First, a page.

This weekend, in what may have been an unintentional attack, a side comment that brought everything to the forefront, I released quite a bit of the anger and irritation that had been on a slow boil over the last year. You know, in thinking about it, I’m very surprised that it took as long as it did to come to a head. Perhaps it’s because I would vent my frustration to trusted friends and family, or maybe it’s because I poured it out into my journal.
Or maybe I was just too busy to notice.
In releasing some of that energy (and by no means is it all released by the way) I found it to be the first real sign that some of those cobwebs are starting to break loose. They aren’t gone, I can tell that for sure because I still feel a bit on the fuzzy side, but I finally had that sign I was hoping to find.
With that said, I have a few tips that I believe may help me continue to clean out the attic. At least I hope it will and I will probably continue to talk about it here so if anyone has some advice, I’m open to it!
Step 1: Recognize that you have some cobwebs.
Fact is, we all get them. The severity of it depends on your situation. I was told recently that we’re all broken people. Accepting that you’re a little broken makes it easier to realize the cobwebs exist. The trick is acknowledging the thickness of the cobweb.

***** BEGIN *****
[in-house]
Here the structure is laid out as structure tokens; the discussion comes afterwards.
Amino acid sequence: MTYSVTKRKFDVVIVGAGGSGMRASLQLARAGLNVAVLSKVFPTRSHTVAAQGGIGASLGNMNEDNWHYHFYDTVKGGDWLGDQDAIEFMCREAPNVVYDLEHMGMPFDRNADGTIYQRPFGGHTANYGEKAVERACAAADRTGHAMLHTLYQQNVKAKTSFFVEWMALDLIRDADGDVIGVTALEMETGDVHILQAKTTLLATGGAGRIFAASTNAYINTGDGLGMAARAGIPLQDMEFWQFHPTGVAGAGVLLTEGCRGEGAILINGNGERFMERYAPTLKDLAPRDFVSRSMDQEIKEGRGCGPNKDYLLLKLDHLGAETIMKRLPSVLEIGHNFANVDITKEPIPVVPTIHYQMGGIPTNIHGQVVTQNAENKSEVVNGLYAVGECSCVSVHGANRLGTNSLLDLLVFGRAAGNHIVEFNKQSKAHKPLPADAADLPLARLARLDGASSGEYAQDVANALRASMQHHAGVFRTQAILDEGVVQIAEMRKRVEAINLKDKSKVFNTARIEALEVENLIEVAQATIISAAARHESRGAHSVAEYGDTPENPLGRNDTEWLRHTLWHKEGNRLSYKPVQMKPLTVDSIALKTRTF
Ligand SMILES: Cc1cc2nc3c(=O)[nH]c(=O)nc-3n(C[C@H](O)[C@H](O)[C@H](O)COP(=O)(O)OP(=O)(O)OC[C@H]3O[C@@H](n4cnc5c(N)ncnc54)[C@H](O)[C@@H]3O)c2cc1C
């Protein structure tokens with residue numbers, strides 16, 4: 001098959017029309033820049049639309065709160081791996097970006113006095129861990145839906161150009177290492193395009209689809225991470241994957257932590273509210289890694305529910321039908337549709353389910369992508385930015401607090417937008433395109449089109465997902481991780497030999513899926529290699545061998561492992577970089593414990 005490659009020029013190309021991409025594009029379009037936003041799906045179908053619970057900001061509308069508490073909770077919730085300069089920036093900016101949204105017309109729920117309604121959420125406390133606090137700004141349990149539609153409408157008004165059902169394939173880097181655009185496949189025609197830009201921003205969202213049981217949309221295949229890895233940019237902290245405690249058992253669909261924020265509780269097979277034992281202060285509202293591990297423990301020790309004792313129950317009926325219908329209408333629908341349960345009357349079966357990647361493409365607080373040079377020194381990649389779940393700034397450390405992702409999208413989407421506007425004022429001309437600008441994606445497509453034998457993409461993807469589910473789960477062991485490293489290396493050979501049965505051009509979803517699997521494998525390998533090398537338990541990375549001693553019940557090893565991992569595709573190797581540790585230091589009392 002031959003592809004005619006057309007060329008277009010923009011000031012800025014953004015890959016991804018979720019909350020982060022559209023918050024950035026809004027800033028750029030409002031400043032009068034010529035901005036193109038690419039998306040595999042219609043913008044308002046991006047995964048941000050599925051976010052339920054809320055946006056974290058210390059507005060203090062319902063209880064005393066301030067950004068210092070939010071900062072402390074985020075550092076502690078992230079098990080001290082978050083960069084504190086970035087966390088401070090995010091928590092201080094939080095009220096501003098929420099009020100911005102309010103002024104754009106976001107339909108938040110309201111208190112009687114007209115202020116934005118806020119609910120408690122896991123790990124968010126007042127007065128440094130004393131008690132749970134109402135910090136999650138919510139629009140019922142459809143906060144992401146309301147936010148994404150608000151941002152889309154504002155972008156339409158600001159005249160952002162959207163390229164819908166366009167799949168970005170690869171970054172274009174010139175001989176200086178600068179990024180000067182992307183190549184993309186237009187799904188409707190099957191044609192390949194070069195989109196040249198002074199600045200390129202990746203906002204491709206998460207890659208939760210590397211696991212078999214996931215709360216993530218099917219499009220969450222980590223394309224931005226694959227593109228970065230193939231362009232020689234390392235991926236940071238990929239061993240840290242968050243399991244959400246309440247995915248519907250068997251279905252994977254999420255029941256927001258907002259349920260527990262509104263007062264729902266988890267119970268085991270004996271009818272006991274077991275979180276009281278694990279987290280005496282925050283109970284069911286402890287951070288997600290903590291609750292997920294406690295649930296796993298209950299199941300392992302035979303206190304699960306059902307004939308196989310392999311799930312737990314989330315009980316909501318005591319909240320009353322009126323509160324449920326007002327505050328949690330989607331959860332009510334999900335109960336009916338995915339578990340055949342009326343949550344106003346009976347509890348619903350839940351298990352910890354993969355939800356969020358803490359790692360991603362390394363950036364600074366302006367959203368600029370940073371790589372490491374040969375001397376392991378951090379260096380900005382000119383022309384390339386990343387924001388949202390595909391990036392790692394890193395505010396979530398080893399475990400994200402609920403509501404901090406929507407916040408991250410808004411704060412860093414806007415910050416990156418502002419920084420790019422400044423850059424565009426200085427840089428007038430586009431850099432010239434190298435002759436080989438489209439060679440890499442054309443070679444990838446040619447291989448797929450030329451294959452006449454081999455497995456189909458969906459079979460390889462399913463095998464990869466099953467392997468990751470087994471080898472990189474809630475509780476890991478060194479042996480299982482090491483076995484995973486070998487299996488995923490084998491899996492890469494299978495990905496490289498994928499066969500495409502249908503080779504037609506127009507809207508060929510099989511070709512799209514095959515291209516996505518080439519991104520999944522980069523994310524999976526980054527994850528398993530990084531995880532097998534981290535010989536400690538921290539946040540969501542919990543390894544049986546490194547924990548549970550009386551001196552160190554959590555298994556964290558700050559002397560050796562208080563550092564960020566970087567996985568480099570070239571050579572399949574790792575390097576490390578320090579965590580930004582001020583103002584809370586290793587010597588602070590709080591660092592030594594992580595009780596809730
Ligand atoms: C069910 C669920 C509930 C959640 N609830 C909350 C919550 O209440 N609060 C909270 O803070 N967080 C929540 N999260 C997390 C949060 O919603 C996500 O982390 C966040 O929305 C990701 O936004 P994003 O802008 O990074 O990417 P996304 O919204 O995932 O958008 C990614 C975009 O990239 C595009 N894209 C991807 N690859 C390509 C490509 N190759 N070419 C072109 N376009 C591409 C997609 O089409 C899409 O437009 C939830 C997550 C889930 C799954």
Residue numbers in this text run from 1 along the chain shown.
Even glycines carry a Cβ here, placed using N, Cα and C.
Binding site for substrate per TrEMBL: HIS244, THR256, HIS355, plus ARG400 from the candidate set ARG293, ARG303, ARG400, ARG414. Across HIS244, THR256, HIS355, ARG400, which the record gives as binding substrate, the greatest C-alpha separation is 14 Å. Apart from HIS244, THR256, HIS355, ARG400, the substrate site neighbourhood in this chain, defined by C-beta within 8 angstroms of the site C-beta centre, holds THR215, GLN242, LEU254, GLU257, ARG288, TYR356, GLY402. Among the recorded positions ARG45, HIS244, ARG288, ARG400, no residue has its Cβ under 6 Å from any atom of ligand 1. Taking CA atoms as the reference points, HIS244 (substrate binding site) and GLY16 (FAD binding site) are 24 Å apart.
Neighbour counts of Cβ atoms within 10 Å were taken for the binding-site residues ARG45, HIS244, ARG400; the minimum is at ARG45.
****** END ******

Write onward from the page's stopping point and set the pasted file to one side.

Step 2: Vent
Sometimes you just have to vent. For some of us that means talking to someone you know, other times it’s screaming into a pillow. Whatever works for you, use it. Then, after some times passes, do it again… and again until the pent up issues begin to lessen enough to get the trusty broom.
Step 3: Release the pressure
If the cause of the cobwebs is someone, tell them your issues. If they are someone you care about like a family member or a good friend, and they love you, they’ll forgive and understand why you need to release it. If the cause is someone who has hurt you deeply and there is a lack of trust, then releasing the pressure at them can either improve the situation with them so you can start to trust them (and vice versa) or if it makes the situation worse you’ve lost nothing more.
In fact I believe the positive of feeling better and having the air cleared between you and that person will improve your life.
If the cause is an event or circumstances in your life, releasing the pressure will help you handle it better I think. The frustration gets into the air around us and makes it easier to breathe. At least that is how I feel about it.
Step 4: Repeat as needed
Fact of the matter is that it’s not something that can be accomplished in one full sweep. Instead it has to be done over and over again with each new situation.
The technical term for whatever is causing the cobwebs is stress. The stress of keeping it in. I’m typically a private person, the worst of my emotions, thoughts, and feelings stays locked up. I can’t help it, part of it comes from how I was raised and part of it is a natural gut reaction. Why burden others is a thought that frequently goes through my head. I can, from time to time, circumvent the natural instinct. When I fail at it, well, it continues to build so I try to repeat my process as often as I’m able.
How about you? What do you find as being useful in releasing the cobwebs in the brain?